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I just started developing a website targetting all mobiles, tablets and desktops using HTML5. Upon Googling I got to know that using the below tag would realign our site as needed for all form factors:

<meta name="viewport" content="width=device-width" />

So I just tried and seems like it works like a charm, but I see when we view this site on a desktop (with a 19" display) all the elements looks like they are dragged across the screen to make it fit 100% onto the screen and that looks a bit odd for me.

So is there any option like to center out the main content (with a fixed width) of the website with a background image spanned across all the screen when viewed on a desktop, but shrink the background image when seen on a screen with a smaller form factor.

For a live example if we see Twitter, it behaves the way I am suggesting, centering out the main content with a background image and as we reduce the size of the screen it shrinks the background but tries to maintain the content size as is.

Can anyone suggest me if there are any new properties in HTML5 or CSS3 for achieving this.

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3 Answers 3

Use Fluid Layout instead

And if you want to make a site responsive, see CSS Media Queries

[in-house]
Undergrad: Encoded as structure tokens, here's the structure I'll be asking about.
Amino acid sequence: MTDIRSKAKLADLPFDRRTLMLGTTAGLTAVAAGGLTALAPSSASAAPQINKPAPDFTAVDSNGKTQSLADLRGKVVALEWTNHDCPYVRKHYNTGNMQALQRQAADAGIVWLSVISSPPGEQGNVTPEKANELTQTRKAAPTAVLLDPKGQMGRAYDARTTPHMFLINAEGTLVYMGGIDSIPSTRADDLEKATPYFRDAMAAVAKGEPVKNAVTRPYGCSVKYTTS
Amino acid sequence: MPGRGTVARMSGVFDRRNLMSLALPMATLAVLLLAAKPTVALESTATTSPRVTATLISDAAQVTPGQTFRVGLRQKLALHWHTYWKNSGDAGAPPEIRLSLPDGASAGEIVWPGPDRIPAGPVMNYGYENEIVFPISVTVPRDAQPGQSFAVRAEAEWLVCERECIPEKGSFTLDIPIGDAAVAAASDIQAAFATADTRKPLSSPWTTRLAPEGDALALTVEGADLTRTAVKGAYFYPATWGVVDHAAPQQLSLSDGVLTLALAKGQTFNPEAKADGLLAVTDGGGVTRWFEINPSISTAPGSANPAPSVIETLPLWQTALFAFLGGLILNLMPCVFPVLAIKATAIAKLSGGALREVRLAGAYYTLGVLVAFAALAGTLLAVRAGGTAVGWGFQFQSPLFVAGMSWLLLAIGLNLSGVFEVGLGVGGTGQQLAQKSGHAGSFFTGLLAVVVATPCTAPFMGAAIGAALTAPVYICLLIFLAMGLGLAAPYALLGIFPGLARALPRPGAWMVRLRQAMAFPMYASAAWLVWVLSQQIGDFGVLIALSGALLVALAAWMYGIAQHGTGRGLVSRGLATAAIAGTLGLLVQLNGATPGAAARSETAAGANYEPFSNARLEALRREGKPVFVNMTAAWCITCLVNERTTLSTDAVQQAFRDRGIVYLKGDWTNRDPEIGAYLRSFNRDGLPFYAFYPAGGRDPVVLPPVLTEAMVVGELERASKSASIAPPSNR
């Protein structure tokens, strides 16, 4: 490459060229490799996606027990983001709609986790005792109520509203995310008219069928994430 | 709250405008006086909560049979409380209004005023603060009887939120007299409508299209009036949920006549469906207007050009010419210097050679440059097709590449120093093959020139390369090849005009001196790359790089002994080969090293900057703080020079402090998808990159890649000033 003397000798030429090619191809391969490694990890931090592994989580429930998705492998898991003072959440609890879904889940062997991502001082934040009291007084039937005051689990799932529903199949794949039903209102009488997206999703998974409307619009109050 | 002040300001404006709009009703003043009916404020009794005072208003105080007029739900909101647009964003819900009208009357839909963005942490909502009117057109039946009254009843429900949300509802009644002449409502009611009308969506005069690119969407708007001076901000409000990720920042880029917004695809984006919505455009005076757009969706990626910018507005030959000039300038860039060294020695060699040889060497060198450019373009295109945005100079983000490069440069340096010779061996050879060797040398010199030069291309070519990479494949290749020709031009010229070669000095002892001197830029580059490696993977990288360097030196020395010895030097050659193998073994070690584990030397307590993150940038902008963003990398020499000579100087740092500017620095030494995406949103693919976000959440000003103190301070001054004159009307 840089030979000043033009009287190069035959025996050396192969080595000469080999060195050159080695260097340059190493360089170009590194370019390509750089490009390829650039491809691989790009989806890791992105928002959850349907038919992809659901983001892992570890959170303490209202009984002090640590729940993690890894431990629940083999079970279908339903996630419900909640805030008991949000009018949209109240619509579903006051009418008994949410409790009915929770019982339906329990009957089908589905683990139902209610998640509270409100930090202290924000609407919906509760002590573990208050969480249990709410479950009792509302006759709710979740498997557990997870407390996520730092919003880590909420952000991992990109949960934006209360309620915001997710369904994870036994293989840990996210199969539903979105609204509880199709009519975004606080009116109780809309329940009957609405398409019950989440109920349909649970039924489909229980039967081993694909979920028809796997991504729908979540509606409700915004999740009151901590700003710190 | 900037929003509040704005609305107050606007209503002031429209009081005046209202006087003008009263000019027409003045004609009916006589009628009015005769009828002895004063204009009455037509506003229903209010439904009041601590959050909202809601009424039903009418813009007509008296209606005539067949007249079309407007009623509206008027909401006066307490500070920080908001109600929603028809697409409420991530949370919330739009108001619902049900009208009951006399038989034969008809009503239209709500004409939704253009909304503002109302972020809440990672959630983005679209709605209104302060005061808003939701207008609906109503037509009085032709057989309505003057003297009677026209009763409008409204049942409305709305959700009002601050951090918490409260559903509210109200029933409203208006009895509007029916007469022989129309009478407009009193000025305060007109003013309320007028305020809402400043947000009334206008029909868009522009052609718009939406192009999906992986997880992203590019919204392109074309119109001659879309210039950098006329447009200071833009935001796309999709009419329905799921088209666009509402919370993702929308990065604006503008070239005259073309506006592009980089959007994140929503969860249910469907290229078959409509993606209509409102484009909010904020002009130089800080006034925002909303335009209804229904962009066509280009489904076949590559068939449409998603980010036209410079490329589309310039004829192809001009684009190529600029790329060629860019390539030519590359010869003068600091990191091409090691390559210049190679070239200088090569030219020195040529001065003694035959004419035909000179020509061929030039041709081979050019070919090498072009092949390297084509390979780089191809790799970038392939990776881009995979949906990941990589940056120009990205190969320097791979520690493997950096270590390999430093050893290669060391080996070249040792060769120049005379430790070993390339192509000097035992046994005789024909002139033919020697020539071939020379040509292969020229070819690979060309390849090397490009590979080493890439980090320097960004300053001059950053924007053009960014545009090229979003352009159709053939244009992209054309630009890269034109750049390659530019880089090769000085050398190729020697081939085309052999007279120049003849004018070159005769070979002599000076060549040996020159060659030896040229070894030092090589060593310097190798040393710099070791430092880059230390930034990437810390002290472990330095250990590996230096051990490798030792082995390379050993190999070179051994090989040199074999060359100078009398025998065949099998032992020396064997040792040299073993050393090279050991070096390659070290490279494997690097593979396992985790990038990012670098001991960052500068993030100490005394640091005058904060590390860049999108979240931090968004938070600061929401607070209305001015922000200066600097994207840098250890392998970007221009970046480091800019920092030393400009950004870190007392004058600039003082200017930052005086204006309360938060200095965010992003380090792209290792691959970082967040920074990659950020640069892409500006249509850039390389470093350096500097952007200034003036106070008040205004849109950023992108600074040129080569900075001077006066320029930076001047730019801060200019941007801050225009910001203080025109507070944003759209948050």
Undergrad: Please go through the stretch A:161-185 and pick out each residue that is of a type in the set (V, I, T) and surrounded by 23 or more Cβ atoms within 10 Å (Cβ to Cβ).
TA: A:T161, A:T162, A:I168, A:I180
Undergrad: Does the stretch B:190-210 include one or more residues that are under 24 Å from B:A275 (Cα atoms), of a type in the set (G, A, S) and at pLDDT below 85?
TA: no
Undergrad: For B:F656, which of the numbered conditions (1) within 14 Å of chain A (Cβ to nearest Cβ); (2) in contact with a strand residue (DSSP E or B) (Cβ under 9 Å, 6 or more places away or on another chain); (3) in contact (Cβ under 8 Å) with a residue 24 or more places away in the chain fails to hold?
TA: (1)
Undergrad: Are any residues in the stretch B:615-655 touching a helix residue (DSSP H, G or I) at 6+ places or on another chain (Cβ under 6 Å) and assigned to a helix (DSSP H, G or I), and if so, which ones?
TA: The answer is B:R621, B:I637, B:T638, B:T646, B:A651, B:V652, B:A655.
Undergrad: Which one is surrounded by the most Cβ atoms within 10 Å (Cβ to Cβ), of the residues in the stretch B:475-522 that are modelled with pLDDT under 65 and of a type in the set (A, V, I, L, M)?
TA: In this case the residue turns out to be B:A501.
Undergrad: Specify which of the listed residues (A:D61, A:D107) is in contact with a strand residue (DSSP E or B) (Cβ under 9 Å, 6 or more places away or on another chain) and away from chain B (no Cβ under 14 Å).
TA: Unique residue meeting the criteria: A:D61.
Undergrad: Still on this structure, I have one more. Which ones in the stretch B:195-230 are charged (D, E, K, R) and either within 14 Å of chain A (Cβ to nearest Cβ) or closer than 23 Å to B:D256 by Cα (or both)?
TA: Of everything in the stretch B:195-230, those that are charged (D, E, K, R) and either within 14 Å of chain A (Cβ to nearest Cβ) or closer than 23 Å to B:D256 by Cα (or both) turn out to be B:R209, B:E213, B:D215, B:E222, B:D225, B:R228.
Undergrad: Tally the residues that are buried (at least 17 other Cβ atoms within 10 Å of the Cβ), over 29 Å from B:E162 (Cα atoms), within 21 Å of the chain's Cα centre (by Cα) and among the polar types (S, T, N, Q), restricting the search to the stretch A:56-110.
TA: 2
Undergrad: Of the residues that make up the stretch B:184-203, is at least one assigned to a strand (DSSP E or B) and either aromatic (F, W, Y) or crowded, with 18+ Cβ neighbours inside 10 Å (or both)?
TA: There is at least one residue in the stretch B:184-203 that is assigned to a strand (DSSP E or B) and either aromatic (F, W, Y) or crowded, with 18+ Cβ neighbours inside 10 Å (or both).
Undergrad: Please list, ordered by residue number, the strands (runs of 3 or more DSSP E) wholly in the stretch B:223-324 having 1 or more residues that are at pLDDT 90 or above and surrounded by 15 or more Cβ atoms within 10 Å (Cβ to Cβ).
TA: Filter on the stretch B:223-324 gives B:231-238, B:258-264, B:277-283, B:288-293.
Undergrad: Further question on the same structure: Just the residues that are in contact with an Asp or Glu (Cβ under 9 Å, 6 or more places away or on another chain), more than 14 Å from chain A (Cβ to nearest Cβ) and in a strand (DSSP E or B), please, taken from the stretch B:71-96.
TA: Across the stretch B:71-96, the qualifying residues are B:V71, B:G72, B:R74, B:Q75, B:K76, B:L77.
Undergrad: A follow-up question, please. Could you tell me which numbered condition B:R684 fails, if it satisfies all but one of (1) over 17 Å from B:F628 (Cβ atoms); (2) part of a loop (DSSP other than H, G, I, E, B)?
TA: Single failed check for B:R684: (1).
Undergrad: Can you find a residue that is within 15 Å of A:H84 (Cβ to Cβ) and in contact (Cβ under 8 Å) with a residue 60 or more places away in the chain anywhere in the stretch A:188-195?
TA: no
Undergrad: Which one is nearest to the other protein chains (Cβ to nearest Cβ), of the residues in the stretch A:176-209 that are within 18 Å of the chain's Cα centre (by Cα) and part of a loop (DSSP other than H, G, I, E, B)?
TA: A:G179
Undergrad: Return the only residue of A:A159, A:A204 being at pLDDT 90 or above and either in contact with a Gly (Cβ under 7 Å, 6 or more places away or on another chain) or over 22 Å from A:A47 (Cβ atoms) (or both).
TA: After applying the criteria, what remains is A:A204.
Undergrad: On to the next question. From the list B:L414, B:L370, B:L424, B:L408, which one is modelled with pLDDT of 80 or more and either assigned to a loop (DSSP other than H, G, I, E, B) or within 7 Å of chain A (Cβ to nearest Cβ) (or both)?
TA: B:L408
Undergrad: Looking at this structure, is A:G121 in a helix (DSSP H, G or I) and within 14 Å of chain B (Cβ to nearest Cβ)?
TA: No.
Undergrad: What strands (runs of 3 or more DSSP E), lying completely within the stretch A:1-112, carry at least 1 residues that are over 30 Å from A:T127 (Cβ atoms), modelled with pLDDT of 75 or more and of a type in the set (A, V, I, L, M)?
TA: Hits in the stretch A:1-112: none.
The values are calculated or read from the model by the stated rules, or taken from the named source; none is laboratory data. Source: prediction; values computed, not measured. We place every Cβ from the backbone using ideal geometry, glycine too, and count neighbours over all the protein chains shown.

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You should definitely have a look at Media Queries (W3C). Using them allows you to use different CSS rules depending on the screen resolution, the width of the viewport or even the orientation (landscape or portrait) of the screen.

Here is a minimal example:

@media all {
    #wrapper {
        /* have some whitespace on the left and right */
        width: 80%;
        margin: 0 auto;

@media screen and (max-width: 800px) {
    /* on small screens, use the full width */
    #wrapper {
        width: 100%;

As you see it is clever to first define your general layout in @media all { } and then adapt the layout for smaller devices. To see some examples check out

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You might want to define your general layout without any media query at all, so that older browsers which don't support media queries (i.e. IE 8 and earlier) still see the CSS. – Paul D. Waite Apr 9 '13 at 12:23
Thank you, was checking all things regarding media queries and looks like this works but i am not sure how we can know or specify correct pixel sizes for each screen widths on different mobiles/desktops, Also i see that it makes a bit heavy to specify different pixel sizes if we are supporting a large number of form factors.... If possible can you please help me out an easy way to find out the max/min pixel widths for any screen – Narahari Karthik Apr 9 '13 at 14:01

I wouldn't recommend to start this task from scratch, as there are so much problems and glitches which others already wasted their time on.

If you like the Twitter style, their layout & JS libraries are actually Open Source (called "Bootstrap"), so you can just profit of their solution: (take a look at the examples to see if you like it)

I recently started a project with Bootstrap via the great Initialzr ( their motto is "Start an HTML5 project in 15 seconds!", so maybe the right thing for you too? There are also a lot of other options if you think Bootstrap might be to heavy!

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